February 2009

Now we can focus on the game

With Ken Griffey Jr. out of the picture and Tom Glavine’s deal completed, we can now focus more on some of the Spring Training on-field developments. 

It’s evident that Casey Kotchman is much more relaxed than he was when he arrived after being acquired from the Angels last year.   He admits the two months he spent with the Braves last year were basically a blur and that’s certainly understandable.  

Three weeks after being moved from a team destined for the playoffs to one staring at 90 losses, he nearly lost his mother to a brain hemorrhage.  The first baseman gladly reports that his mother’s recovery process is going well and that she’s looking forward to meeting Bobby Cox and the other members of the organization, who were so supportive while Casey stayed by her hospital bedside.

In other camp news, the Braves will have physicals on Saturday and Sunday.  If you’re planning to come to Disney this weekend, the workout are scheduled to start at 1 p.m.

Chipper Jones was excused from this morning’s workout because he wasn’t feeling well. It’s nothing serious and he could be back on the field on Saturday. 

Here are a few interesting quotes from Glavine’s teleconference, which took place this morning:

(What motivated you to return this season?)

“I think first and foremost, it’s my enjoyment of going out there every five days and pitching every five days that’s the key factor in me wanting to play.  Beyond that,  yeah I don’t want my career to end the way that it was last year.”

(What do you think about this year’s rotation?)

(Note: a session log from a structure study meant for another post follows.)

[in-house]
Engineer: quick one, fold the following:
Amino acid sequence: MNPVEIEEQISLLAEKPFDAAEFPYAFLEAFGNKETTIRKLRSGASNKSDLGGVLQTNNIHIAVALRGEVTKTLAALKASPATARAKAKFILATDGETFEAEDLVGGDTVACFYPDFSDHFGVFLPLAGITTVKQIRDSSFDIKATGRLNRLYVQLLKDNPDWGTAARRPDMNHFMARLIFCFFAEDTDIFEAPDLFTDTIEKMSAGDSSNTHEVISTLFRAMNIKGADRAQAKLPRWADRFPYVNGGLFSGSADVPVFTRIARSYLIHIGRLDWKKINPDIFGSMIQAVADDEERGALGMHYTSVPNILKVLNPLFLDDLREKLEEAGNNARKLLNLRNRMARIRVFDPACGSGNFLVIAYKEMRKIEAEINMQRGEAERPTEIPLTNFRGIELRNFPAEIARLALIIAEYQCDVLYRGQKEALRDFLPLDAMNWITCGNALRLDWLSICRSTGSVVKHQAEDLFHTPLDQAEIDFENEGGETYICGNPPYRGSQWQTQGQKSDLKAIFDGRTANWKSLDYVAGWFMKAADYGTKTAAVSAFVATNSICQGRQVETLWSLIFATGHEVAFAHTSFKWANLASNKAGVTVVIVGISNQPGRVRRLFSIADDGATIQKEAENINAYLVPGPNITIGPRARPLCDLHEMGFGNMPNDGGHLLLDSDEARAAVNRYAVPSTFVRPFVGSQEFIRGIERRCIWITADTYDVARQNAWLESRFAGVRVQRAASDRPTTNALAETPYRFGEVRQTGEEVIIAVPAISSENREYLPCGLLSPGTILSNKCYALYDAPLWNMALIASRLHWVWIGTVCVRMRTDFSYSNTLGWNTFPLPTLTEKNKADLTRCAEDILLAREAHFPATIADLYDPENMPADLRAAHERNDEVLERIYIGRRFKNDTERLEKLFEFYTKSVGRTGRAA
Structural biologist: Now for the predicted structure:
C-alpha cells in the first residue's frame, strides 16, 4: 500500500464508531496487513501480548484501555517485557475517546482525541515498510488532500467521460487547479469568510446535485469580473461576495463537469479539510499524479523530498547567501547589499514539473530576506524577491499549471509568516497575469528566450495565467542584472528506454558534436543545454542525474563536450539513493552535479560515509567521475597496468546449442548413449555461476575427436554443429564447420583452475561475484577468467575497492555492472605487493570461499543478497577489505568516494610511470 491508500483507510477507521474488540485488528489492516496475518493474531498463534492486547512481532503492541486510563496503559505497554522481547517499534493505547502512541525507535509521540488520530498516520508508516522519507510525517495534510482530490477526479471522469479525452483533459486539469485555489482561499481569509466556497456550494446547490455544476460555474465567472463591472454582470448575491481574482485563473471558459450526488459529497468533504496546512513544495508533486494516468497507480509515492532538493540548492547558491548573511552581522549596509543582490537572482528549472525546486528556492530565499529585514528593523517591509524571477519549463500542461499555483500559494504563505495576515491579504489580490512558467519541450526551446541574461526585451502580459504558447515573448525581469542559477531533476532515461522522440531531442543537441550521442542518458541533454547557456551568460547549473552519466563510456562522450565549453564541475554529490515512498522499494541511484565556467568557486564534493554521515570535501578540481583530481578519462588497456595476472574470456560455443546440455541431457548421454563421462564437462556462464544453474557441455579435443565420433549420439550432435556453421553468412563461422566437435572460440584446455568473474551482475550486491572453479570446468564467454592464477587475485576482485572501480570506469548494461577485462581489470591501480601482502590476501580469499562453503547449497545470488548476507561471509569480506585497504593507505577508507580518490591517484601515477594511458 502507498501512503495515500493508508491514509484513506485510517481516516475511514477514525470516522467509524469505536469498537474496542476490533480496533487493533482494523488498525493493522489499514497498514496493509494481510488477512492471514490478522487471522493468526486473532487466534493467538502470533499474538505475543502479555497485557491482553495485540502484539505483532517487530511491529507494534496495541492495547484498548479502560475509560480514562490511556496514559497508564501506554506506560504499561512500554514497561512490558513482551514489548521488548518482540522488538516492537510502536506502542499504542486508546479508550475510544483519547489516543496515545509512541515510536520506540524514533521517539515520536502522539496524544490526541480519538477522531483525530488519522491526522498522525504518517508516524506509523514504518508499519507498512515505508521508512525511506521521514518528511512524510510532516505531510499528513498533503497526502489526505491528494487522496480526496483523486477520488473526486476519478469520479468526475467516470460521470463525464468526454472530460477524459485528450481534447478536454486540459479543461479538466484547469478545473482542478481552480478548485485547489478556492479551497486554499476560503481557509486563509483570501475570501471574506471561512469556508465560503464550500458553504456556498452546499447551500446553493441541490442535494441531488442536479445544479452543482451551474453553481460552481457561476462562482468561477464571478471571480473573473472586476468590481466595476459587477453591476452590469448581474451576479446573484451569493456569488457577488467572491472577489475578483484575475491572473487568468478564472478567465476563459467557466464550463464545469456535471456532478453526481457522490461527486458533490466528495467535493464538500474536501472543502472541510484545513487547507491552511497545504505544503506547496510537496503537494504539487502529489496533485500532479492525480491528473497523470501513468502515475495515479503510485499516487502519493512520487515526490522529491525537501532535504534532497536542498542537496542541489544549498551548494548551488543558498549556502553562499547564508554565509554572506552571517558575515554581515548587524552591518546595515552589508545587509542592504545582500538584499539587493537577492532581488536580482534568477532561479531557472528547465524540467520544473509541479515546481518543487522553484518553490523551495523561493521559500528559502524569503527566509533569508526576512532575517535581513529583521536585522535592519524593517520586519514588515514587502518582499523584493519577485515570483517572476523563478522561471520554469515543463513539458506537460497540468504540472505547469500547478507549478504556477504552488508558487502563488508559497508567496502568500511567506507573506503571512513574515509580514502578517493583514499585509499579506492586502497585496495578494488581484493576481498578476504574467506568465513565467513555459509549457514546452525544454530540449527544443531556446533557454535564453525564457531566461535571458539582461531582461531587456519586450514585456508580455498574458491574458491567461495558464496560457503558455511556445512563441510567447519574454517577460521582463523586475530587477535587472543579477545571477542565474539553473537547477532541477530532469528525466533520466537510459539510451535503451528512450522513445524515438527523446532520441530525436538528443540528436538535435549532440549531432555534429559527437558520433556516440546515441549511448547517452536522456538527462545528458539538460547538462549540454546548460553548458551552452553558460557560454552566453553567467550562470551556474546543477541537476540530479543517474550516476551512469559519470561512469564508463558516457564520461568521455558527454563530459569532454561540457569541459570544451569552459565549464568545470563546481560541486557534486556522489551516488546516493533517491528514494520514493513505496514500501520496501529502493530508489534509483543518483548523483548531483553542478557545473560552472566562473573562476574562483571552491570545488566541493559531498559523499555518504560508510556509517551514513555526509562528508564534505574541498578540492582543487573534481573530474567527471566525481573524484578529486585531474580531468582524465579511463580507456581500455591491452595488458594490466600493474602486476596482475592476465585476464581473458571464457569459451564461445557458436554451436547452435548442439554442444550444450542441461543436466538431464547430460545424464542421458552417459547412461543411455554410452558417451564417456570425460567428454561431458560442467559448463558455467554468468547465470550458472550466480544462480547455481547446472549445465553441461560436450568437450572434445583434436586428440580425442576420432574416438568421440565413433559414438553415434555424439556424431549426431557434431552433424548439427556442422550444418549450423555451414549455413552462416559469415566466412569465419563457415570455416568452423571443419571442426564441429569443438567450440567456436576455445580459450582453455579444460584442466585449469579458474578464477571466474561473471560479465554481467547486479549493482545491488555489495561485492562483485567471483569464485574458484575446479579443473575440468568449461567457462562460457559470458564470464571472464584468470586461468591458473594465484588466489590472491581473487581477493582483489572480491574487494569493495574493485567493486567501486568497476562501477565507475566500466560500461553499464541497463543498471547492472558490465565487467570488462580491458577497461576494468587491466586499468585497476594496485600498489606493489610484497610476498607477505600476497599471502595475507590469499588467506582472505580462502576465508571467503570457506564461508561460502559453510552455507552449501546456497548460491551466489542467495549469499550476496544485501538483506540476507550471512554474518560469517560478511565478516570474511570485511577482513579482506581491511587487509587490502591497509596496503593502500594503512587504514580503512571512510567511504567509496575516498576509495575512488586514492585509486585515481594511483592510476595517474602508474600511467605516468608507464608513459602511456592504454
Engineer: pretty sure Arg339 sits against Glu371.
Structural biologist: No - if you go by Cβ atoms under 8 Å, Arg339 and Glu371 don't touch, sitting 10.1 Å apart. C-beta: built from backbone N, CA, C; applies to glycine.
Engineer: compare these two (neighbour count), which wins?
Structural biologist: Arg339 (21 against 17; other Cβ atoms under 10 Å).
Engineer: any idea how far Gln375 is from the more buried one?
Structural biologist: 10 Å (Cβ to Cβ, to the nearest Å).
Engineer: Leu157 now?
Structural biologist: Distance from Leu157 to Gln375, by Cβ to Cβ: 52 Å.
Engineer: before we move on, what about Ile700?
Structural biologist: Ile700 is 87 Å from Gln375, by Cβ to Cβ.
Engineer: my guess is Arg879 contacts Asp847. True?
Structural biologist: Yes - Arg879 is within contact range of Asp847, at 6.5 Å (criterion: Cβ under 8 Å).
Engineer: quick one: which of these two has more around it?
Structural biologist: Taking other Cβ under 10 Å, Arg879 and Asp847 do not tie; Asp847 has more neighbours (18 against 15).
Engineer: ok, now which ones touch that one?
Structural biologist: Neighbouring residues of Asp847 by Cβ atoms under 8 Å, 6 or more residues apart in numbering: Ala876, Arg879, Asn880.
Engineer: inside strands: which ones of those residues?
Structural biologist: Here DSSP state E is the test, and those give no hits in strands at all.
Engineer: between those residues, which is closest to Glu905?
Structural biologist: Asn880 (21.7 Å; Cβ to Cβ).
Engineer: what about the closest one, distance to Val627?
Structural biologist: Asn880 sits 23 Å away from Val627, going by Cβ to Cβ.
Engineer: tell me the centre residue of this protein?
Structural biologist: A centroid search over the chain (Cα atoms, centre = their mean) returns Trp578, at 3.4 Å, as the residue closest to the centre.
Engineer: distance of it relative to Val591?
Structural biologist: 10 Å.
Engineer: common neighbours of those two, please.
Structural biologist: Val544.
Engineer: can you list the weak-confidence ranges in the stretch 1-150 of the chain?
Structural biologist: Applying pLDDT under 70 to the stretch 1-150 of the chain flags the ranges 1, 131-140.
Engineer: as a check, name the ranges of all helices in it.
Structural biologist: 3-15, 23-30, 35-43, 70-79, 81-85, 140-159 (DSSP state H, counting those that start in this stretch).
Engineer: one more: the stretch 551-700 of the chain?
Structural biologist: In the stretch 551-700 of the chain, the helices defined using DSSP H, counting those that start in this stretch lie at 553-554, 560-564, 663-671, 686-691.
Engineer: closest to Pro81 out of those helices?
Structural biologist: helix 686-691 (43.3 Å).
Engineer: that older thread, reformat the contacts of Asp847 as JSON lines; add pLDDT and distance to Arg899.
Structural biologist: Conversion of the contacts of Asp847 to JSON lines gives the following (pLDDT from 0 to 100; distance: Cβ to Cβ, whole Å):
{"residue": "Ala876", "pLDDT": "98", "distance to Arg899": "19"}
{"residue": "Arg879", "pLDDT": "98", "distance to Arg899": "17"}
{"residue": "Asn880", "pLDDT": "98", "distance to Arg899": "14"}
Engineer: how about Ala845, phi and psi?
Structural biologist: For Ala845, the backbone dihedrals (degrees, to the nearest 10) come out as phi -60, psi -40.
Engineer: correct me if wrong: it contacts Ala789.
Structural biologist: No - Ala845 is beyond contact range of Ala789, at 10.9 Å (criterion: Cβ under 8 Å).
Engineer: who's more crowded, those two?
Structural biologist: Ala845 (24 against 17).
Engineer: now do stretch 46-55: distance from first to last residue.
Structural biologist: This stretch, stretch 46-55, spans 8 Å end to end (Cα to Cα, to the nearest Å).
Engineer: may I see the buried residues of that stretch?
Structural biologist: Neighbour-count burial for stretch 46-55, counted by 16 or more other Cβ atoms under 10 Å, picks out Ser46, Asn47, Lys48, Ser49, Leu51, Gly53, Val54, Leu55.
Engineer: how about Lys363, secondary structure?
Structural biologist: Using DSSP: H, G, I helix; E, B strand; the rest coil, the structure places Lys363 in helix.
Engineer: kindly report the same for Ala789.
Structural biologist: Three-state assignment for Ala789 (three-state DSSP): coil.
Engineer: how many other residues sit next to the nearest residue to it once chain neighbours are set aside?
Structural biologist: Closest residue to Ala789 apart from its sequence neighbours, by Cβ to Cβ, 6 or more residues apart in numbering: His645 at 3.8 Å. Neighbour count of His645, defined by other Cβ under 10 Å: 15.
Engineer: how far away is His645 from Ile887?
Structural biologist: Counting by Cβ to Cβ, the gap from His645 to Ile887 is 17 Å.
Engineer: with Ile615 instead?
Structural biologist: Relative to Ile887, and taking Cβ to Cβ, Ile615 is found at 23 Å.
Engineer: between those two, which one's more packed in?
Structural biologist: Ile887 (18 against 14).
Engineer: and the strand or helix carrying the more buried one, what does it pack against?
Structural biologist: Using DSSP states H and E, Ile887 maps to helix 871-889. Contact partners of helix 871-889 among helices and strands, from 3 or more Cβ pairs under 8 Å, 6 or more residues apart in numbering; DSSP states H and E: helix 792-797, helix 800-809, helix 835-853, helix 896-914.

I think there’s reason to be excited. When you look at Derek Lowe and Javier Vazquez, they’re two guys who certainly have a track record in being able to carry a big load in terms of innings pitched.  When you look at (Jair Jurrjens), I think everybody is excited about the year that he had last year and the experience that he gained and how much better he stands to be this year.  When you look at Kawakami, there’s a lot of history for him in the Japanese League.  Bringing that here, certainly there is a little bit of uncertainty.  But I think everybody is excited about what he did in Japan and the potential that he brings here.

Last year, there was a lot of excitement about what we brought in, but there was a lot of uncertainty.  I think there’s a lot less uncertainty about the staff this year and their ability to pitch innings.  You never know.  Injuries are always a part of the game. But I think looking at the rotation now, where it was a year ago, I think there has to be a lot more reason to believe the top four guys are going to log a lot more innings than the top four guys last year.  That will have a residual effect on everybody.  It’s going to make our team better.  It’s going to make our bullpen stronger because they’re not going to have to work so many innings.  Again from my standpoint, looking at that and looking at me being in the five hole, I’m excited about that.  I’m excited about being a part of it.

(Glav’s thoughts on A-Rod)